Ovarian Cancer and You

According to the Centers for Disease Control and Prevention (CDC), about 20,000 women in the United States get ovarian cancer every year, and about 14,000 die from this disease.1 Treatment for ovarian cancer, which usually involves surgery and chemotherapy,2 works best when it is detected early.3 Unfortunately, there are no screening tests for ovarian cancer in women who do not have any signs or symptoms of the disease.4 Certain diagnostic tests may be used to confirm the presence of disease in persons who have symptoms, or to check persons who are believed to be at high risk.5 Because there are no effective and reliable screening tests, women should talk to their doctors when they notice any changes in their bodies that are not normal for them and could be a sign of ovarian cancer.6

In particular, women should watch for the following signs and symptoms:7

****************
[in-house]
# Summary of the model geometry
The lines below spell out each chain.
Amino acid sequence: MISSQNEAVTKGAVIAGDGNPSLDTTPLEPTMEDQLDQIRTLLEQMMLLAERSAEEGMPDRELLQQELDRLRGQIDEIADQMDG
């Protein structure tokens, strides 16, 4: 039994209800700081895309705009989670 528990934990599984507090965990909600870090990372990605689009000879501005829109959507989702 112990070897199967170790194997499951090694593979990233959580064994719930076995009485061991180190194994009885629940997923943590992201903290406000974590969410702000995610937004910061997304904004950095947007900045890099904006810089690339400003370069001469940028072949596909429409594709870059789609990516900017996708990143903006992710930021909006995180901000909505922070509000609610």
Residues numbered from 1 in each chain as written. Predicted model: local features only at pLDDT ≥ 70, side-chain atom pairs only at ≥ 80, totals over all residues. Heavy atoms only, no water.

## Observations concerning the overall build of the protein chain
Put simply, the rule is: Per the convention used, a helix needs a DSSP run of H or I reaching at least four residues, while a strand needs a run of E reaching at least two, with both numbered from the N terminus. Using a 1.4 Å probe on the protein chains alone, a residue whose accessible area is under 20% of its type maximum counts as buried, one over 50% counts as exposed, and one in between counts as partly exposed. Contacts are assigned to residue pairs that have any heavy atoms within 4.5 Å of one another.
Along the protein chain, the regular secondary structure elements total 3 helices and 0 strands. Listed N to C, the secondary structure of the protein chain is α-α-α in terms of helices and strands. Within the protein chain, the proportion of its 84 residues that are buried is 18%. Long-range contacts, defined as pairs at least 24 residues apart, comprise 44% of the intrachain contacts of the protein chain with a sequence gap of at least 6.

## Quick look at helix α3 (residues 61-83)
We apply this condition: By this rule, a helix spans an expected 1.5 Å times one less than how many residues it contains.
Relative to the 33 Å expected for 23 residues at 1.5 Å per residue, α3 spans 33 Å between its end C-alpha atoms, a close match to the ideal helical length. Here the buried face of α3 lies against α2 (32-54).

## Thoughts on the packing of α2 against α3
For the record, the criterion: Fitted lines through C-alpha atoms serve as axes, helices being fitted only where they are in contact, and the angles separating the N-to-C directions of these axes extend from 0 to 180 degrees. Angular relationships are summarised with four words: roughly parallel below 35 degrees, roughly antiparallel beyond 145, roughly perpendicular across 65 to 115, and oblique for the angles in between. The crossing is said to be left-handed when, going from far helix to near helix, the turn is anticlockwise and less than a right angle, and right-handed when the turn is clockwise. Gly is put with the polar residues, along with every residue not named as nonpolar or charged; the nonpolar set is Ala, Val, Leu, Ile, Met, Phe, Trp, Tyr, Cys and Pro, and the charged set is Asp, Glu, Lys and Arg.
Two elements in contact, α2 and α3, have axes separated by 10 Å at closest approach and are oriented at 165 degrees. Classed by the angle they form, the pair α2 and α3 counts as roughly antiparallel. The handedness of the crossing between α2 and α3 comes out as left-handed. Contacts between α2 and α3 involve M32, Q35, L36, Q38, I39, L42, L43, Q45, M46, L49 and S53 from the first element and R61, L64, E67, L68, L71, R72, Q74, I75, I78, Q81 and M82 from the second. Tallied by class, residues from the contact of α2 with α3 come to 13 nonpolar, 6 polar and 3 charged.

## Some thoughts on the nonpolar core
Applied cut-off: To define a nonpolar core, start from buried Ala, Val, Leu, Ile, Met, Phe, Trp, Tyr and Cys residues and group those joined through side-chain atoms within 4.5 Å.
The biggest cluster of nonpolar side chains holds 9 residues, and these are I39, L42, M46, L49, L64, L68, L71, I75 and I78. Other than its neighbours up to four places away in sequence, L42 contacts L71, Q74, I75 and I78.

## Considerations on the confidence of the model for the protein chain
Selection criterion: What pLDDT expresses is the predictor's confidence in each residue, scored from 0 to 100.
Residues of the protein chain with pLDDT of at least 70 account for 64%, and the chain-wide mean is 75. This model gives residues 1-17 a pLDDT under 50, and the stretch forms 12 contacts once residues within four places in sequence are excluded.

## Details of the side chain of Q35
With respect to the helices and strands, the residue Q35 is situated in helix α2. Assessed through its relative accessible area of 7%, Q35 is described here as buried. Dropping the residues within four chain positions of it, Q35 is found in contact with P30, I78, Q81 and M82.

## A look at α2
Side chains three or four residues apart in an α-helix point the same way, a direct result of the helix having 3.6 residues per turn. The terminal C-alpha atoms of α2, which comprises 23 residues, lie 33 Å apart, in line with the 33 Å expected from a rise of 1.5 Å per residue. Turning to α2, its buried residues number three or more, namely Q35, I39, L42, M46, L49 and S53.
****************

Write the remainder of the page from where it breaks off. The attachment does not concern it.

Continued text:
• Vaginal bleeding (particularly if you are past menopause), or discharge from your vagina that is not normal for you.
  • Pain or pressure in the pelvic area.
  • Abdominal or back pain.
  • Bloating.
  • Feeling full too quickly, or difficulty eating.
  • A change in your bathroom habits, such as more frequent or urgent need to urinate or constipation.

The CDC advises that you should see a doctor right away if you have unusual bleeding.8 If any of the other signs or symptoms persist for two weeks or longer, you should talk with a physician.9 Your issues may not be caused by cancer, but the only way to know for sure is to see your doctor.

 

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 1CDC, Ovarian Cancer Statistics, https://www.cdc.gov/statistics

2, How is Ovarian Cancer Treated? https://cdc.gov/cancer/ovarian/basic_info/treatment.htm

3CDC, What Should I Know About Screening?, https://www.cdc.gov/cancer/ovarian/basic_info/screening.htm

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7CDC, What are the Symptoms of Ovarian Cancer?, https://www.cdc.gov/cancer/ovarian/basic_info/symptoms.htm

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